# Double silt experiment with one circular polarizer in front of only one slit in the which-way perspective?

If one puts in front of a double slit two quarter-wave circular polarizers (QWP) in front of each slit, say one with 45° and the other with -45° orientation (fast and slow axis - i.e. clock- and anti-clockwise circular polarization) and shines linear polarized light on the slits, one does not get the typical interference pattern but the Gaussian-shaped diffraction pattern. This is the result of the overlap of the fringe- and anti-fringe patterns which, summed up, furnish the typical bell-shaped figure (these result from the two QWP induced pi-phase shift which causes the interference pattern with the central peak to be shifted left and right, respectively, with maxima overlapping minima and vice-versa). One can see this also from the perspective of the which-way question in quantum mechanics which states that by placing the two QWP in front of the slits we have 'marked' the photons and we could recover the which-way information which leads to the loss of the interference pattern. However, what happens if one places only one QWP in front of only one slit? As I understand it, the interference pattern would reappear as only one fringe or anti-fringe (right? Well, maybe not... this is part of my question). I'm in doubt, because if one would analyze this in the which-way perspective photons are still 'labeled', that is, photons going through the slit without the QWP would be linearly polarized, those going through the slit with the QWP are circularly polarized and one could in principle recover the which way information, i.e. one expects still only the diffraction without interference pattern. So, a contradiction arises that hints possibly at a mistake or misunderstanding from my side, but can't find out where it is. Can anyone help?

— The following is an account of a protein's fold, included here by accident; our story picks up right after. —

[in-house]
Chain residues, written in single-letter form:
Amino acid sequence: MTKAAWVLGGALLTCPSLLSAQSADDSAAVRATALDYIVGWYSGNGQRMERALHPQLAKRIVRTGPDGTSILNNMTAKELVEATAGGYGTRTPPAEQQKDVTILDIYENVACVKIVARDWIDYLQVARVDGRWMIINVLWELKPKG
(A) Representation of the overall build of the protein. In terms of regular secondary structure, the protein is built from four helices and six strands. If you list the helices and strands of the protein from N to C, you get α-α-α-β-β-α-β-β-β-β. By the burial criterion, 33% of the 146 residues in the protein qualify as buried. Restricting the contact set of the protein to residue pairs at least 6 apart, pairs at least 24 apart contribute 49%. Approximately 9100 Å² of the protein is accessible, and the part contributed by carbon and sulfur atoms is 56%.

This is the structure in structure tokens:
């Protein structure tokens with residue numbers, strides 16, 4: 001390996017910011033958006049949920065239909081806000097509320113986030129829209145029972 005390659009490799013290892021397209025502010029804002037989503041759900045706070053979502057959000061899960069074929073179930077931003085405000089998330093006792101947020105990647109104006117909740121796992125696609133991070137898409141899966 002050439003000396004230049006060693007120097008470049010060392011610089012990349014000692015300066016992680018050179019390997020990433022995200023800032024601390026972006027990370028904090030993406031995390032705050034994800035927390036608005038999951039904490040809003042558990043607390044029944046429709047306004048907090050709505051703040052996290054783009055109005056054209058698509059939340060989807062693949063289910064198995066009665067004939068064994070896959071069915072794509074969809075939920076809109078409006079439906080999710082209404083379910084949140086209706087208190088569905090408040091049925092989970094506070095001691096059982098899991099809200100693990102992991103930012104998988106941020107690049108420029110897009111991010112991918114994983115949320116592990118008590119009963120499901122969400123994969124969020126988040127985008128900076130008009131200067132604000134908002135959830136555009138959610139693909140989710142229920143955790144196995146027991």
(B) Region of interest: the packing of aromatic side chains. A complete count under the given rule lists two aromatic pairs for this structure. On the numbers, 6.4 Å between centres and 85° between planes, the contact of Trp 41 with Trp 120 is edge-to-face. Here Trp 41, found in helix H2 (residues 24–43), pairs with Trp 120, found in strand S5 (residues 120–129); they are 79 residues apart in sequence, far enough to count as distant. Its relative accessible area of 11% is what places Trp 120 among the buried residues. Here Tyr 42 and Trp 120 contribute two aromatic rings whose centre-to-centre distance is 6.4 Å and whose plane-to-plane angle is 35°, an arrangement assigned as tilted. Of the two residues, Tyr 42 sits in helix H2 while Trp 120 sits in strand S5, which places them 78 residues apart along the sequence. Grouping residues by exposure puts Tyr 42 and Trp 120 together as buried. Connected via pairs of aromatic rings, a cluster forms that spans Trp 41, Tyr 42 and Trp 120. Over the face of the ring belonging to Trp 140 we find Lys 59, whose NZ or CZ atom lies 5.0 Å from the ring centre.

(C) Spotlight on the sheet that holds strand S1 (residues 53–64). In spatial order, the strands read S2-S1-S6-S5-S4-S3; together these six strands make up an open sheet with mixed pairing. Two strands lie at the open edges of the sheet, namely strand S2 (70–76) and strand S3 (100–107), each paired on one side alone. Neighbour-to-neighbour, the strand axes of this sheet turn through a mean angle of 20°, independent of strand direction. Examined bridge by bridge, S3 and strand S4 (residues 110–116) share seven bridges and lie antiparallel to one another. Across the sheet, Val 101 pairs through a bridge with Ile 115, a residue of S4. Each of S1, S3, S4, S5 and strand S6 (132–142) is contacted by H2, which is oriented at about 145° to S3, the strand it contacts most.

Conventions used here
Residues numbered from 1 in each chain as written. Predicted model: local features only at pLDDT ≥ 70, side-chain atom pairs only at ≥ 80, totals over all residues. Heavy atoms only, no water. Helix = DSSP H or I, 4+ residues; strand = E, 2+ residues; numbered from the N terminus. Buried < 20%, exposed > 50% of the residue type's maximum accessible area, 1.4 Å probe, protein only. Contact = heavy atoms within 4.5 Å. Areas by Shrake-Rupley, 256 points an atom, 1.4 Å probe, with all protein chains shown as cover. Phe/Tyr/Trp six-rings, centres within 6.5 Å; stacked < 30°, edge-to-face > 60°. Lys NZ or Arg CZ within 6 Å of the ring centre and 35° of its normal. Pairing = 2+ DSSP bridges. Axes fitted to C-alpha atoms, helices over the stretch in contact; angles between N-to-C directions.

• How do you recover which-way information? The circularly polarized and linearly polarized states are not orthogonal, so you can't know exactly which way each photon went. And the pattern on screen will be a blurred double-slit pattern (a mixture of double- and single-slit patterns), since circular polarization can be thought of as a superposition of two orthogonal linear polarizations. Jan 16 '19 at 14:26
• Hmmm... I feel you might be right but I'm still not getting it. Say the incoming light front has vertical polarization. In front of the detector screen one places a filter for horizontal polarization. So no photon coming from the slit with light having vertical pol. can get through while if you see a photon getting through it can be only that coming from the slit with the QWP. So, this allows for which-way tracking.... not?
– Mark
Jan 16 '19 at 18:04